Gregory Trevor, the University of Georgia’s interim senior executive director for marketing and communications, tells Yahoo Life that while both faculty and students who have been exposed to COVID-19 are being notified when someone in their classes tests positive for COVID-19, “faculty are not and should not be responsible for disclosure to other students,” citing the Family Educational Rights and Privacy Act (FERPA).
The University of Georgia isn’t the only school taking this policy approach to COVID-19 cases on campus. Boston University administrators said they won’t tell faculty if their students test positive for COVID-19, citing privacy concerns, according to BU Today. “The health of our community — faculty, staff, and students — is best served by ensuring the strict privacy of everyone’s test status,” Dr. Jean Morrison, university provost, wrote in a message online in late August.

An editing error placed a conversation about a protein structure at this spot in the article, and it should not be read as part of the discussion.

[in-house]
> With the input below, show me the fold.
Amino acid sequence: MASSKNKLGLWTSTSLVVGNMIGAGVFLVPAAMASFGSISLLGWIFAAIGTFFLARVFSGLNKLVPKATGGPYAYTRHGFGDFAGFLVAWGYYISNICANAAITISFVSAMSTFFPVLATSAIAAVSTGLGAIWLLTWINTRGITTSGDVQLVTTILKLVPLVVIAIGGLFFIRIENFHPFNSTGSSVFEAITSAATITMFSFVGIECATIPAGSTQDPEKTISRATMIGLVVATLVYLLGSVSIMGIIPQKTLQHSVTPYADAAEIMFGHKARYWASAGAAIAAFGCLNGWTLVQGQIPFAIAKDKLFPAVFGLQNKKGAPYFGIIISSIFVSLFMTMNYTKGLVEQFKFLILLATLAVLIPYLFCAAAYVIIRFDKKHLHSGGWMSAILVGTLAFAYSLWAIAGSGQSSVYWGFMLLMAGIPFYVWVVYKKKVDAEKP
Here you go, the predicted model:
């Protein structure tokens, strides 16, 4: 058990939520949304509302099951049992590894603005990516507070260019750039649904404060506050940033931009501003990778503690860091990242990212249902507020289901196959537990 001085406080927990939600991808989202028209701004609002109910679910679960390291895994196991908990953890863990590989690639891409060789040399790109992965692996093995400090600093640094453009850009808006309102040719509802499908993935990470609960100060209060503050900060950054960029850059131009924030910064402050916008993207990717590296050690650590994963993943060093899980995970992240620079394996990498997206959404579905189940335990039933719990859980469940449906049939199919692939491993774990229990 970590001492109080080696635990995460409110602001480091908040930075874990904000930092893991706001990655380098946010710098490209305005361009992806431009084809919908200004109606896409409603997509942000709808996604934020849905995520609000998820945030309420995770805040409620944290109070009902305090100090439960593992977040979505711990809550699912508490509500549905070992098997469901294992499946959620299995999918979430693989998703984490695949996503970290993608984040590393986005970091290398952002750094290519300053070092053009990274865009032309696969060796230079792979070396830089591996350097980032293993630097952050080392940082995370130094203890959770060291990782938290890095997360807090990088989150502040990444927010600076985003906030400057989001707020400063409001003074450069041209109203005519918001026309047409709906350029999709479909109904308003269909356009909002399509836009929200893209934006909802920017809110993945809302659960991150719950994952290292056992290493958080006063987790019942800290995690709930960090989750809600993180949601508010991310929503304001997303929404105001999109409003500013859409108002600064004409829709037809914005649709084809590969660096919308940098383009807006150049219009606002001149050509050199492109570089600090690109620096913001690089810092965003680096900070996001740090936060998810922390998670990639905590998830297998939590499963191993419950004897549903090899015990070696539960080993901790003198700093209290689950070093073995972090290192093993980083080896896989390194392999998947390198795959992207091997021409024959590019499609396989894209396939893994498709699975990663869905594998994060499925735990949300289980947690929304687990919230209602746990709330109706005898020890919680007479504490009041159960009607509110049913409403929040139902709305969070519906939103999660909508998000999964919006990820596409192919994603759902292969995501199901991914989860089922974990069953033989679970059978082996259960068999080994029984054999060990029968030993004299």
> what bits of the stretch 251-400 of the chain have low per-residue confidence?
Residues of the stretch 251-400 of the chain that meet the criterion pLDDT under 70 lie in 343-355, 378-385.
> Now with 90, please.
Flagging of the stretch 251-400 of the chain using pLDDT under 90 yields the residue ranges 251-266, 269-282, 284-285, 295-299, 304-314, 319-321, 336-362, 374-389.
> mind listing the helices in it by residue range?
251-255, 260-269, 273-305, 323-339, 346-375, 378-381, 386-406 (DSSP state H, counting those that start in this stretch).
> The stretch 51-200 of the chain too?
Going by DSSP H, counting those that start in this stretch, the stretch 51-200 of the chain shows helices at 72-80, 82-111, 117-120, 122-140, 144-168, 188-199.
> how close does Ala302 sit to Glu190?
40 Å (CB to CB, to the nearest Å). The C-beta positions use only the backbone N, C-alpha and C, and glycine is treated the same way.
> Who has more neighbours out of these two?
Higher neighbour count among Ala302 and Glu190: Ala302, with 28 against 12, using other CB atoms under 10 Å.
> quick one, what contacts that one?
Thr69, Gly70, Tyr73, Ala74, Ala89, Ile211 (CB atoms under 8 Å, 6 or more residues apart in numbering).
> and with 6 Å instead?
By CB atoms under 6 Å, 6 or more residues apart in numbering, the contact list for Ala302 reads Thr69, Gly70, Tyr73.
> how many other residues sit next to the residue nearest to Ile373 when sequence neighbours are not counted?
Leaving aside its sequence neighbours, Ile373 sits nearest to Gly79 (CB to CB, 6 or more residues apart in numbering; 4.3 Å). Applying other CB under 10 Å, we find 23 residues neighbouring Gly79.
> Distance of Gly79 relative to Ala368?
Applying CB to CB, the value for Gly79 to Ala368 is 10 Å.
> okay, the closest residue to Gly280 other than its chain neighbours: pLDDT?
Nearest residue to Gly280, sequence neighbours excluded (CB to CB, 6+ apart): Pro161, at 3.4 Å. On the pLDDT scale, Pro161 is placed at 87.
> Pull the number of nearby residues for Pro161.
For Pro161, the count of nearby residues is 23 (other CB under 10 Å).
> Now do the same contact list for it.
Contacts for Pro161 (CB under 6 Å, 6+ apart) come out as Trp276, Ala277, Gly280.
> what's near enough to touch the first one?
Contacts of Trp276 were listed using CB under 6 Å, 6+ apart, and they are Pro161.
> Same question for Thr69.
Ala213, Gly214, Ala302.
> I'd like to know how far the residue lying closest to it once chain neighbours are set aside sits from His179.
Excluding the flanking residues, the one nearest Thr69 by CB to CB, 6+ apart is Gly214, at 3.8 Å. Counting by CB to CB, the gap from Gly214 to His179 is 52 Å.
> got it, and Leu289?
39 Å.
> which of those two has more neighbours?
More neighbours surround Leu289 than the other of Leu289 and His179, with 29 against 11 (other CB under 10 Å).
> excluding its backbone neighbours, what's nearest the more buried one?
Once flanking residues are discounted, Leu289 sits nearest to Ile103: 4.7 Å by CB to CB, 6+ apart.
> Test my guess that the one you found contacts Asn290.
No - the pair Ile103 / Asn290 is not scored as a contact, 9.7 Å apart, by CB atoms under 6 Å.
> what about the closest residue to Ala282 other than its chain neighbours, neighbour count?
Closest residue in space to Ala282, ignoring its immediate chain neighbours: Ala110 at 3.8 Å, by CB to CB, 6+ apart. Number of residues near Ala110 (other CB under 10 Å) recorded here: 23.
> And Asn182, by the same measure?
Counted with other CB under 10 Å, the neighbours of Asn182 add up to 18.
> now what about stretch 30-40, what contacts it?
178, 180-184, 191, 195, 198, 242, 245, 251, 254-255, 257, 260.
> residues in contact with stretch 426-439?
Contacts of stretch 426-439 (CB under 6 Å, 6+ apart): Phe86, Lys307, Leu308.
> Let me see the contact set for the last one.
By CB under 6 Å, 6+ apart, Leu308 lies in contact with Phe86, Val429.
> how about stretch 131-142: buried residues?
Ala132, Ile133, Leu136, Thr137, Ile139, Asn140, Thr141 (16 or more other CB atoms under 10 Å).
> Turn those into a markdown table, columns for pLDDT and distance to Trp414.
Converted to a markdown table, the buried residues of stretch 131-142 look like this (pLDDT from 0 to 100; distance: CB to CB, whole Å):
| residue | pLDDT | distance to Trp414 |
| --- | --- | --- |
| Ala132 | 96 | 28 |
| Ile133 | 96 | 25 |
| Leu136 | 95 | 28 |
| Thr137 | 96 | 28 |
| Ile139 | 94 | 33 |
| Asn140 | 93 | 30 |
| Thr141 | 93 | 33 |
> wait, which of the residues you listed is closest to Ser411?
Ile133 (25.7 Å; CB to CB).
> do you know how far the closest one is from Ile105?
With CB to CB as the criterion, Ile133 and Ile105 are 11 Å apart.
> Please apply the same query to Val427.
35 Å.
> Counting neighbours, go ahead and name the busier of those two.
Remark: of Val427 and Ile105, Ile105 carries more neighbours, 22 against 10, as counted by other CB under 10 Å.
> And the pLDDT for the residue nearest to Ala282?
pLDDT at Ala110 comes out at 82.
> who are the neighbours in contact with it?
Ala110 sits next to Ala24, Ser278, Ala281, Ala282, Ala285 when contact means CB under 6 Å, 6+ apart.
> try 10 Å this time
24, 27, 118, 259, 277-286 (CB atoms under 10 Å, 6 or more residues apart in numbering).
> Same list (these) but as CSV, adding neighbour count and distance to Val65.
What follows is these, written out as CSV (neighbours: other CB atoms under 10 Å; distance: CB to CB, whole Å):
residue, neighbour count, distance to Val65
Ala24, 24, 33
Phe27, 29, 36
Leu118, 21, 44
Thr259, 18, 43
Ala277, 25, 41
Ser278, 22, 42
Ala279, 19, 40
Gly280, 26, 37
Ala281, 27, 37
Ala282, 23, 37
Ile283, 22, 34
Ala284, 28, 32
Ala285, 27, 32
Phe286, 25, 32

“The policy is in line with public health best practices, and if a professor or fellow student meets the criteria of a close contact they will be notified,” Rachel Lapal, assistant vice president of public relations at Boston University, tells Yahoo Life. “The decision was based on the advice from our student health services. They recommended the policy so students would trust that their medical status would remain confidential and the students would, in turn, be more forthcoming with contact tracers. If students don’t feel their health privacy is being respected, they may be less forthcoming, which would make the overall contact tracing program less effective.”